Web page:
(L.) DC. ex Wight
Emilia sonchifolia, also known as lilac tasselflower or cupid's shaving brush is tropical flowering species of tasselflower and in the sunflower family. It is widespread in tropical regions around the world, apparently native to Asia (China, India, Southeast Asia, etc.) and naturalized in Africa, Australia, the Americas, and various oceanic islands.
Emilia sonchifolia is a branching, perennial herb up to 40 cm (15.5 in) tall. Leaves are lyrate-pinnatilobed, up to 10 cm (4 in) long, sometimes becoming purplish as they get old. One plant can produce several pink or purplish flower heads.
Emilia sonchifolia is an annual herb, which, is erect and sparingly hairy soft stemmed. The plant grows to 20 to 70 cm in height with a branch tap root. The leave pattern is alternate with winged petioles. Leaves on the lower end of the stem are round/oval shape, 4 to 16 cm in height and 1 to 8 cm in width. The leaves on the upper end of the stem are smaller than the leaves on the lower end of the stem, and are often coarsely toothed.
The inflorescence is often dichotomous with 3 to 6 stalked flower heads and whorl bracts beneath. The urn-shaped flower head has 30-60 florets per head, the outer ray florets are female and the inner disc florets bisexual (with both stamens and stigmas). The flower can be a range of colors such as purple, scarlet, red, pink, orange, white or lilac. The fruit produced is oval shaped, reddish brown or off-white, has white hairs up to 8 mm long, and exhibits dry indehiscent properties.
Biology and ecology
Emilia sonchifolia completes its life cycle in ~90 days. There are two types of seed, which are defined by the color of the achene. The first, a female outer circle of florets of a flower head produces a red and brown achenes. The second, is the inner hermaphrodite florets, which, are off white. Most seeds germinate at 27 °C but those which develop from outer florets will germinate under deep shade. Plants will only emerge from seeds near the surface, however, some seed can germinate (4%) while buried deep (4 cm). A study, states 29% of seeds germinated when placed at 0.5 cm below the soil, while only 3% germinated when buried 1 cm. The seed carries a pappus of hairs, indicating the use of wind as a dispersal agent.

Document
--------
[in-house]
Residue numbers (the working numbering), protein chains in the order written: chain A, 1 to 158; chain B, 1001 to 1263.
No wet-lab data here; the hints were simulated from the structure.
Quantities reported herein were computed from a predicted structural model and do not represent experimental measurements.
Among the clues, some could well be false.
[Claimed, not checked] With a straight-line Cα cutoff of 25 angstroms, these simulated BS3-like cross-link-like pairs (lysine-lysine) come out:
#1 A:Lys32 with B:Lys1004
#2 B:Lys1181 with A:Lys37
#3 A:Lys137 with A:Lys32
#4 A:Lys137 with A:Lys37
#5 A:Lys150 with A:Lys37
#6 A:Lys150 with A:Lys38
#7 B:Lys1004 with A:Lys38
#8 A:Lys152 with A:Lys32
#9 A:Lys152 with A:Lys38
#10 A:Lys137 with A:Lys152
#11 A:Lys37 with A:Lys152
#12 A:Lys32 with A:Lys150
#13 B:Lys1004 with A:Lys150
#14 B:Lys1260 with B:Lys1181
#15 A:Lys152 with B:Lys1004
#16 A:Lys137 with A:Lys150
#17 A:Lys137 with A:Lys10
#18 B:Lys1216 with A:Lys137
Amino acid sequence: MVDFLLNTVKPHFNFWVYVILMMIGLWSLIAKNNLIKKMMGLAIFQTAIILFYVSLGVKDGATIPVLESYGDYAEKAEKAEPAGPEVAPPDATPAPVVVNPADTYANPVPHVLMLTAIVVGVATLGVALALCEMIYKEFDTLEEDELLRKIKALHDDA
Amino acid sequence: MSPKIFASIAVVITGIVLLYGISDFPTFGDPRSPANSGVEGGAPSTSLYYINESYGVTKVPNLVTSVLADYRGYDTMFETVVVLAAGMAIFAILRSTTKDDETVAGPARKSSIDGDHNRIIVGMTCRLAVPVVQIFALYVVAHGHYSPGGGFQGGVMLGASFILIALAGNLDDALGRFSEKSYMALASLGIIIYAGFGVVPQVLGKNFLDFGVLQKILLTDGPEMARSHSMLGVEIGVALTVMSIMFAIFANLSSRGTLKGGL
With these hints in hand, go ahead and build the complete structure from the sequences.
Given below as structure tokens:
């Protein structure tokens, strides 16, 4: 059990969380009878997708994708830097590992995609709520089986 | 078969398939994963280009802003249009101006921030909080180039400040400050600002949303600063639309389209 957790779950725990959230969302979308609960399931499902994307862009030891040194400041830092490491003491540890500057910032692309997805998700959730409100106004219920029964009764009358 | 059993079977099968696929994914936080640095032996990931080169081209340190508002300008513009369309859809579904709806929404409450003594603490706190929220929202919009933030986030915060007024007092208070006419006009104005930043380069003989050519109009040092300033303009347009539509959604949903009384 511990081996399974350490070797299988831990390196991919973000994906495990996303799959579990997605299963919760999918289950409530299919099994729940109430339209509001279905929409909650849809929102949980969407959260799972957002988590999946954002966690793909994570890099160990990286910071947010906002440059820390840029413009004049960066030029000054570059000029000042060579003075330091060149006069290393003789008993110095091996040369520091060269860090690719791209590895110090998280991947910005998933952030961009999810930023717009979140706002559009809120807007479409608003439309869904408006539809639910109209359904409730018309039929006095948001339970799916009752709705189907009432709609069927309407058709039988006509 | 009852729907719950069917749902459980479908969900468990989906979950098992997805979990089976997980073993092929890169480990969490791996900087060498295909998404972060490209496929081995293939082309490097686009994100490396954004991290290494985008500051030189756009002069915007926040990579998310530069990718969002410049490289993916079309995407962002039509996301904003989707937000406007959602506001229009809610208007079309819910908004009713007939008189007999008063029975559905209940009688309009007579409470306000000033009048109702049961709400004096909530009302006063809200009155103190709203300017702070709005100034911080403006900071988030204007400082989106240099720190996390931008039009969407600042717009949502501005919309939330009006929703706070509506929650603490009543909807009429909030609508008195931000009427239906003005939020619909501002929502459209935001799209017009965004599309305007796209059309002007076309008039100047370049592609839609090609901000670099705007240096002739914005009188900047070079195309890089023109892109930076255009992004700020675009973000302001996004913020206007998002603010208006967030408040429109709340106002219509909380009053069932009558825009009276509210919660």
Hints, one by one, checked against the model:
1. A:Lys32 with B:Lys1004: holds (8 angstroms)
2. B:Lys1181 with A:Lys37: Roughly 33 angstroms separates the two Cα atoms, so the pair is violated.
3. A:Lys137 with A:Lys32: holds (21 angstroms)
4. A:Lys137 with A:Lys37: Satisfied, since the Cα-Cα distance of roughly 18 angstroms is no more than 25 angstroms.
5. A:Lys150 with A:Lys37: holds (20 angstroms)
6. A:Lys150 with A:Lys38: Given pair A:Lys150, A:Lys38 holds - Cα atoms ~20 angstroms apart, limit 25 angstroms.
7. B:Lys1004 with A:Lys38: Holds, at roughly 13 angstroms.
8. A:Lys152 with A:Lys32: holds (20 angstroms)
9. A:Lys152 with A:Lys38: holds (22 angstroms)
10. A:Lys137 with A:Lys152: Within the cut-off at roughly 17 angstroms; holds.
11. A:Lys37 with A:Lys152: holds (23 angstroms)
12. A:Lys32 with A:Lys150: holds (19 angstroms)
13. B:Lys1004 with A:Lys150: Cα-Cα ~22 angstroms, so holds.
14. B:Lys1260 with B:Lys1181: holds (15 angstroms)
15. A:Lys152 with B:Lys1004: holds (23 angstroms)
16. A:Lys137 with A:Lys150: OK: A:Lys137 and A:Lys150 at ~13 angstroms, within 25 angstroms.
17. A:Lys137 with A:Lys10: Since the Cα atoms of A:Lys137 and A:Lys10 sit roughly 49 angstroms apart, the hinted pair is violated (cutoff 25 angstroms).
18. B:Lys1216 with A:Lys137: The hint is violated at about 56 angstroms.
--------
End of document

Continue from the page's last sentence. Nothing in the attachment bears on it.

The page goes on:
Emilia sonchifolia is commonly reported as a weed crop. In most areas, it is reported as noninvasive, however, in some cotton producing areas, it is classified as the most problematic weeds.
It has certain effects on individual crops, such as decreases in weight of lettuce(by 70%) and mustard cabbage(by 30%), and a decreased yield of tomato fruit by 18%.
The pathogens associated with Emilia sonchifolia also have effects of certain crops. Emilia sonchifolia is a host of Xanthomonas campetris, which, causes a bacterial infection in beans in Brazil and Cuba.
Emilia sonchifolia can grow anywhere from sea level to 1000 meters. It exists over a wide range of conditions from the tropics to grasslands, waste areas, roadsides, and partially shaded areas. It is tolerant of acid conditions. Emilia sonchifolia is a native of Central and South America.
It is a medicinal herb in Chinese, called ye xia hong (Chinese: 葉下紅). It is one among the "Ten Sacred Flowers of Kerala State in India, collectively known as Dasapushpam. In Vietnam, it has been used in traditional medicine for the treatment of fever, sore throat, diarrhea, eczema and as an antidote for snake bites.
The leaves and young shoots can be used, raw or cooked. The leaves are harvested before the plant flowers.
The young leaves are used as food in Java and Puerto Rico, however, in India and China, it is used medicinally.
Emilia sonchifolia is classified as a weed that grows in the fields of many agriculture crops, but it can be controlled via the use of certain chemicals. For example, in rice, a mixture of pretilachlor and dimethametryn, and a mixture of piperophos with propanil or oxidiazon, are added to the soil after sowing, resulting in 8–12 weeks of growth control against Emilia sonchifolia. In soybean fields, a mixture of bentazone, fomensafen and sethoxydim is used to control Emilia sonchifolia growth. In cotton and soybean fields, sethoxydim is the chemical agent used to control Emilia sonchifolia growth. Lastly, atrazine is the chemical agent used to control the growth of Emilia sonchifolia in sugarcane crops.
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